We pray for the community and the world. The verdict certainly offers a glimmer of hope. With this outcome, we give thanks that there is hope. And yet, since George Floyd’s murder, and even while the trial was in progress, violence continues against black women and men. How Long, O Lord, will this continue unabated?
My heart is heavy as I contemplate this moment. There is celebration of the justice that was rendered in the verdict. But the awful realization that this was only one occurrence of violence and brutality mired in racism and white privilege is sobering. When will it repeat itself? How long, O lord, until the world is rid of this harm inflicted on a human sister or brother? We still wait. Because Habakkuk tells us that God cannot achieve the peace we want and pray for without the human family participating fervently in the peacemaking.
The United Methodist Social Principles, demonstrate how inextricably intertwined the world and our faith are. They make clear that as faithful followers of Jesus Christ, we are called to work for a world where “in the love of Christ, who came to save those who are lost and vulnerable, we urge the creation of a genuinely new system for the care and restoration of victims, offenders, criminal justice officials, and the community as a whole.” (2016 United Methodist Book of Discipline, ¶ 164H)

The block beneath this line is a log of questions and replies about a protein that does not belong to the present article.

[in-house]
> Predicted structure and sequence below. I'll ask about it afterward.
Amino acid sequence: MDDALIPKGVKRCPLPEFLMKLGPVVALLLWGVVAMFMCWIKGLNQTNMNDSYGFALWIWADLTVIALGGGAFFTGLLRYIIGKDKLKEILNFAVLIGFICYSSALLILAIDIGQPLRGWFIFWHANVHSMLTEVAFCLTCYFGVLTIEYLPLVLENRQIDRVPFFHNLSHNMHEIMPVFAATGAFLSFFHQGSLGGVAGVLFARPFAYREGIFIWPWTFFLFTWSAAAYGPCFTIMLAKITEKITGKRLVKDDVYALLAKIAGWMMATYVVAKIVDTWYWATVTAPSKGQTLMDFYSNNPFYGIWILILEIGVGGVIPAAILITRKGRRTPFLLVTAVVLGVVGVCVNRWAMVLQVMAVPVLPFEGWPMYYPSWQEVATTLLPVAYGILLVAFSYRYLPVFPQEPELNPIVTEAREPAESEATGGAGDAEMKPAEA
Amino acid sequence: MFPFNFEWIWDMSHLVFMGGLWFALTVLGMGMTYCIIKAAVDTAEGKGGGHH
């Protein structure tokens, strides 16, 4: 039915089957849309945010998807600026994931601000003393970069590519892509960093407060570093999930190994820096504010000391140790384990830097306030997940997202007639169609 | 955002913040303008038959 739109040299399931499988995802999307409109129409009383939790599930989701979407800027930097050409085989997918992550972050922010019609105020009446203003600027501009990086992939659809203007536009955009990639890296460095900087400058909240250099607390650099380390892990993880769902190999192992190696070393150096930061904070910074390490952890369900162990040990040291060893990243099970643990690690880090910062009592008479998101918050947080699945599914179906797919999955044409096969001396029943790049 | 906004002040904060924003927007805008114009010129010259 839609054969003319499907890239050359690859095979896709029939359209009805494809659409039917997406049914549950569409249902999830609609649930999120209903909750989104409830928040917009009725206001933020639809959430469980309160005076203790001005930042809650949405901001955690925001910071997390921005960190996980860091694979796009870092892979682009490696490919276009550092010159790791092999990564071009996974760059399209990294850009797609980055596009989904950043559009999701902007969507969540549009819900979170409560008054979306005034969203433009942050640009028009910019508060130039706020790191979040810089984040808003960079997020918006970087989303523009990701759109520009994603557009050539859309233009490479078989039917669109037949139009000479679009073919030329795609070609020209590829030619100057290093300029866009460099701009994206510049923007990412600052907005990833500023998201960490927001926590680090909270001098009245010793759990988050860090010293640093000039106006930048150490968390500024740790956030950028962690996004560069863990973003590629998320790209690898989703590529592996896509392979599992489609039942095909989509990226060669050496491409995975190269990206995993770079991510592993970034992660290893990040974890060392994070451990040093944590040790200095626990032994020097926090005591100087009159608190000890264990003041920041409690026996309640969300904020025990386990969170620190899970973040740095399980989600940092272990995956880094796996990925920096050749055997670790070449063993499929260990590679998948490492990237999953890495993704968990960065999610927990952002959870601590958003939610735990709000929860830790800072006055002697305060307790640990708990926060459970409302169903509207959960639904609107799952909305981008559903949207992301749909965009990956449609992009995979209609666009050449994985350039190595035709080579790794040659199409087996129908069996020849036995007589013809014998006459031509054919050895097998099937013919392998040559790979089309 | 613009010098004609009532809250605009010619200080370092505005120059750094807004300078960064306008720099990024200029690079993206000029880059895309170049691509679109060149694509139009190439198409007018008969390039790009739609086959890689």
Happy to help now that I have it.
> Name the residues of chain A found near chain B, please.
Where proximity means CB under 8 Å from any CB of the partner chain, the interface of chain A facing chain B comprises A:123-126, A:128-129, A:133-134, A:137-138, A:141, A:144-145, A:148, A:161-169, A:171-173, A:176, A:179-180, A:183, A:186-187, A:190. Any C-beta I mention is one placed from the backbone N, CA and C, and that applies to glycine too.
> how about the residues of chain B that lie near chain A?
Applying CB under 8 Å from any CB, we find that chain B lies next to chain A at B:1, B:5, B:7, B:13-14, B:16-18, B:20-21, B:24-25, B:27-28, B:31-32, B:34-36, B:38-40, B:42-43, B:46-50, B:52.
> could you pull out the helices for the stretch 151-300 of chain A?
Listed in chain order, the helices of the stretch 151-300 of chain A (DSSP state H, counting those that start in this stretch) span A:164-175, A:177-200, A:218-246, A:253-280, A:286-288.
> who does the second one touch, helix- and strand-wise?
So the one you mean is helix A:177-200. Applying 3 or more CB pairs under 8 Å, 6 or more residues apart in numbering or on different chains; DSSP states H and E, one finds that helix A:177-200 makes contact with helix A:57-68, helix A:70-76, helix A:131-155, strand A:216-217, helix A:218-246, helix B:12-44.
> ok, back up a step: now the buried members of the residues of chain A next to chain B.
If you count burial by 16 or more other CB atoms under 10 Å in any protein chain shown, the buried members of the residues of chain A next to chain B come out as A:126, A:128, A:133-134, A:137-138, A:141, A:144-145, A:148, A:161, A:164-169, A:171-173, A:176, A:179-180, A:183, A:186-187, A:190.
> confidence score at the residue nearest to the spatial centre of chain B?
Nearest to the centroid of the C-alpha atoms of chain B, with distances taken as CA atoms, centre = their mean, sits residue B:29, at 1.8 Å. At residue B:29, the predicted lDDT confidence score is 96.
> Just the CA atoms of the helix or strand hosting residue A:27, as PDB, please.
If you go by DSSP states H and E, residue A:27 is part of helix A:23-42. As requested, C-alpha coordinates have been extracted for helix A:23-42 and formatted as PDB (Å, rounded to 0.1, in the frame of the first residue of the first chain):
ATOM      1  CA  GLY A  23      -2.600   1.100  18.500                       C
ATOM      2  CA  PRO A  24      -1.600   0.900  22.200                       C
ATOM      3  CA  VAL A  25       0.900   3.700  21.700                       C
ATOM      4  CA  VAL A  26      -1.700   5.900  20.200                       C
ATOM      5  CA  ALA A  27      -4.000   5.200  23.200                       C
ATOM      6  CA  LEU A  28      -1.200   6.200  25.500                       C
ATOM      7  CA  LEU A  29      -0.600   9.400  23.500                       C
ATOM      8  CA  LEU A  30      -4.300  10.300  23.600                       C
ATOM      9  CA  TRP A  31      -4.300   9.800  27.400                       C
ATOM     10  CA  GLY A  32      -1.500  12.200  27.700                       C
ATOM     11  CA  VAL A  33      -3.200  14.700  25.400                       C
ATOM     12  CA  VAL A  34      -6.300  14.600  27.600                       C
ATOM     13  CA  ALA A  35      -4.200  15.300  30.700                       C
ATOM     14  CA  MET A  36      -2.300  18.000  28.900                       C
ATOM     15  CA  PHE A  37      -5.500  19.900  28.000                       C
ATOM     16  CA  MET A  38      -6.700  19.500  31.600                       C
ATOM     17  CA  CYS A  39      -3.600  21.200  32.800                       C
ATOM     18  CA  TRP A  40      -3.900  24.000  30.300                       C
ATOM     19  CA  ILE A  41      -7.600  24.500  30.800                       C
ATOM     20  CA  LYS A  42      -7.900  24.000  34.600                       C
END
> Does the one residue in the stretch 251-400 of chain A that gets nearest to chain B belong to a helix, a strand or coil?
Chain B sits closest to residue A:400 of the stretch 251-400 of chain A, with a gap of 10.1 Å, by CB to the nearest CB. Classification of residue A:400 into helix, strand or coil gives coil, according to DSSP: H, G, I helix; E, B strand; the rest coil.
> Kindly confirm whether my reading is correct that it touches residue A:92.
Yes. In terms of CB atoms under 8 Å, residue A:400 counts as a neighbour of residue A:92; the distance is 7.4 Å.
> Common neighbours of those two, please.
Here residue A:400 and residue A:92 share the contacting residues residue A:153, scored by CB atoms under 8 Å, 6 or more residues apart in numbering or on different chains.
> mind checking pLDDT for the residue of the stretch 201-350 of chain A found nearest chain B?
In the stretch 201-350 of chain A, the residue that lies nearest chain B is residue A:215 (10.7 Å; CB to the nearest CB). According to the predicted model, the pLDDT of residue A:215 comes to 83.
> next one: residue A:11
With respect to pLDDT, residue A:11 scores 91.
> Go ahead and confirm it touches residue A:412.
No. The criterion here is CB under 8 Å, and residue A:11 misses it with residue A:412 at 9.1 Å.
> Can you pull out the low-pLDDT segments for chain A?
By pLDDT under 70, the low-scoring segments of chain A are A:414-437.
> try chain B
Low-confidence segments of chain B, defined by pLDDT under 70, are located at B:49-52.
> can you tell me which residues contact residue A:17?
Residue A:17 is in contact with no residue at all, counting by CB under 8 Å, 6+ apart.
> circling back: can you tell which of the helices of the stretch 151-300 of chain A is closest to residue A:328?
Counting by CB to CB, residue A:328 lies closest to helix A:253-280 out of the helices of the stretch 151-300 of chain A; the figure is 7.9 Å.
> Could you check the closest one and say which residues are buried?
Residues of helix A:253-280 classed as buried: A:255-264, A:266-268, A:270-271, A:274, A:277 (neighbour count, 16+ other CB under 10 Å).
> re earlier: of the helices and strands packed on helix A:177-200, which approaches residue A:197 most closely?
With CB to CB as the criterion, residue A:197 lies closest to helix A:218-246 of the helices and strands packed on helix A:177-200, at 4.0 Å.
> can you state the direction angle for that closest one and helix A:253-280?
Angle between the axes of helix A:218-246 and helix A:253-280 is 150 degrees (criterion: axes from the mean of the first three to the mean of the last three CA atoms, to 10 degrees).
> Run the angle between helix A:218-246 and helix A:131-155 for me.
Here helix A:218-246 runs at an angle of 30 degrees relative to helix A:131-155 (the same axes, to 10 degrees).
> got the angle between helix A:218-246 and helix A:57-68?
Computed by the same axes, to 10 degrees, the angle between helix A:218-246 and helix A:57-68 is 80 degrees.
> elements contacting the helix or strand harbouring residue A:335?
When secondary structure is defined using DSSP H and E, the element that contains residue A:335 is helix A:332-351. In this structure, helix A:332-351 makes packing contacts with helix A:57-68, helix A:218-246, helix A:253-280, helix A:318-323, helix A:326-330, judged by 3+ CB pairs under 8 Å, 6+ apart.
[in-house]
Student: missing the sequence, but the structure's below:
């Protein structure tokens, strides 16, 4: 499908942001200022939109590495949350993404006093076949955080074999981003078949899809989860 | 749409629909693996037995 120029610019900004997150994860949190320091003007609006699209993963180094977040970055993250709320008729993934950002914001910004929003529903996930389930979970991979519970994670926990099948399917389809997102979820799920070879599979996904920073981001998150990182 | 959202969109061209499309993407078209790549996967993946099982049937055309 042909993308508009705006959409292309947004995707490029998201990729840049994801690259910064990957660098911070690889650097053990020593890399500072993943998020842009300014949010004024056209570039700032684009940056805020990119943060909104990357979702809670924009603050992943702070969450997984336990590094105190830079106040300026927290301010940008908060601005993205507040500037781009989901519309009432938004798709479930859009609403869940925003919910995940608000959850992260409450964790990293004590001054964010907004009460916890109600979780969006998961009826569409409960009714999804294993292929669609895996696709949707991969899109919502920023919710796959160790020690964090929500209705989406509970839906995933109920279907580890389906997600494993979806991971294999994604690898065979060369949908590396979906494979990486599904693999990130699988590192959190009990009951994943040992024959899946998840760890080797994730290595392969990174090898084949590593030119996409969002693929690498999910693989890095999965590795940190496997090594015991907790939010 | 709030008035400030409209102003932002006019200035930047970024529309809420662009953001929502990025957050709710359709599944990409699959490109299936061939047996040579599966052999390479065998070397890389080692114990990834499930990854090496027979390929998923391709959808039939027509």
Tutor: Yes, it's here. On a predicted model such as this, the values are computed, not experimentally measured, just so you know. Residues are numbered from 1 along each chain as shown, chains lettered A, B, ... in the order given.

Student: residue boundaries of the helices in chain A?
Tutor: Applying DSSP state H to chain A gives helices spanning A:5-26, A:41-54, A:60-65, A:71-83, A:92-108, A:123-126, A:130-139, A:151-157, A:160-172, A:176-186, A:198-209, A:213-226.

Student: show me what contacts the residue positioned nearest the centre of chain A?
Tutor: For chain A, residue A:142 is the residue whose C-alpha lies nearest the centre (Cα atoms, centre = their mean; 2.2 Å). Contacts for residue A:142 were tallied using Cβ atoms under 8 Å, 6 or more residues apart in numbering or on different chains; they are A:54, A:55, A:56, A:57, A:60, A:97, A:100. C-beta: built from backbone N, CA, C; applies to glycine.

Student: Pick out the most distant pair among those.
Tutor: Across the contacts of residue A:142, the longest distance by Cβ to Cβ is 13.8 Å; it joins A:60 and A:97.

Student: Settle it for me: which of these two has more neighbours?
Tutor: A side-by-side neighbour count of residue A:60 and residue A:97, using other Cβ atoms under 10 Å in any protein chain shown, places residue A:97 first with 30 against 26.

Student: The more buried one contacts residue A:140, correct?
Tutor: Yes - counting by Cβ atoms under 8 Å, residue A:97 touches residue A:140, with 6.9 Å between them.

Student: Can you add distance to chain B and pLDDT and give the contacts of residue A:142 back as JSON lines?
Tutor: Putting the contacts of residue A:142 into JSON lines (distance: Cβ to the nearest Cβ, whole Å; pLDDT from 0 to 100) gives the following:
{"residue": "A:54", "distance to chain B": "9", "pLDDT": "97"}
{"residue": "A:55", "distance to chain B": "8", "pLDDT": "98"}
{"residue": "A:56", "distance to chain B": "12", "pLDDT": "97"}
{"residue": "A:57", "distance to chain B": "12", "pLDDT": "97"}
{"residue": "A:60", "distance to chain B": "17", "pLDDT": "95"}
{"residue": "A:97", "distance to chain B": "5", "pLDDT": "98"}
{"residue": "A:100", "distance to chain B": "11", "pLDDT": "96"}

This is the work we are all called to: to be agents of healing and hope in a world broken by violence, death, and hatred. On one hand, we should be supporting measures that seek to do away with the societal conditions that lead to crime. On the other hand, we must also continue to advocate for bettering the relationship between law enforcement and the community at large.
There is still much work to do to bring forth accountability in harmful systems. We need to continue to push for transformation in our communities, churches, families, and in our individual lives; transformation that works to put an end to all killings of people of color so that justice is a reality for people who have never experienced it.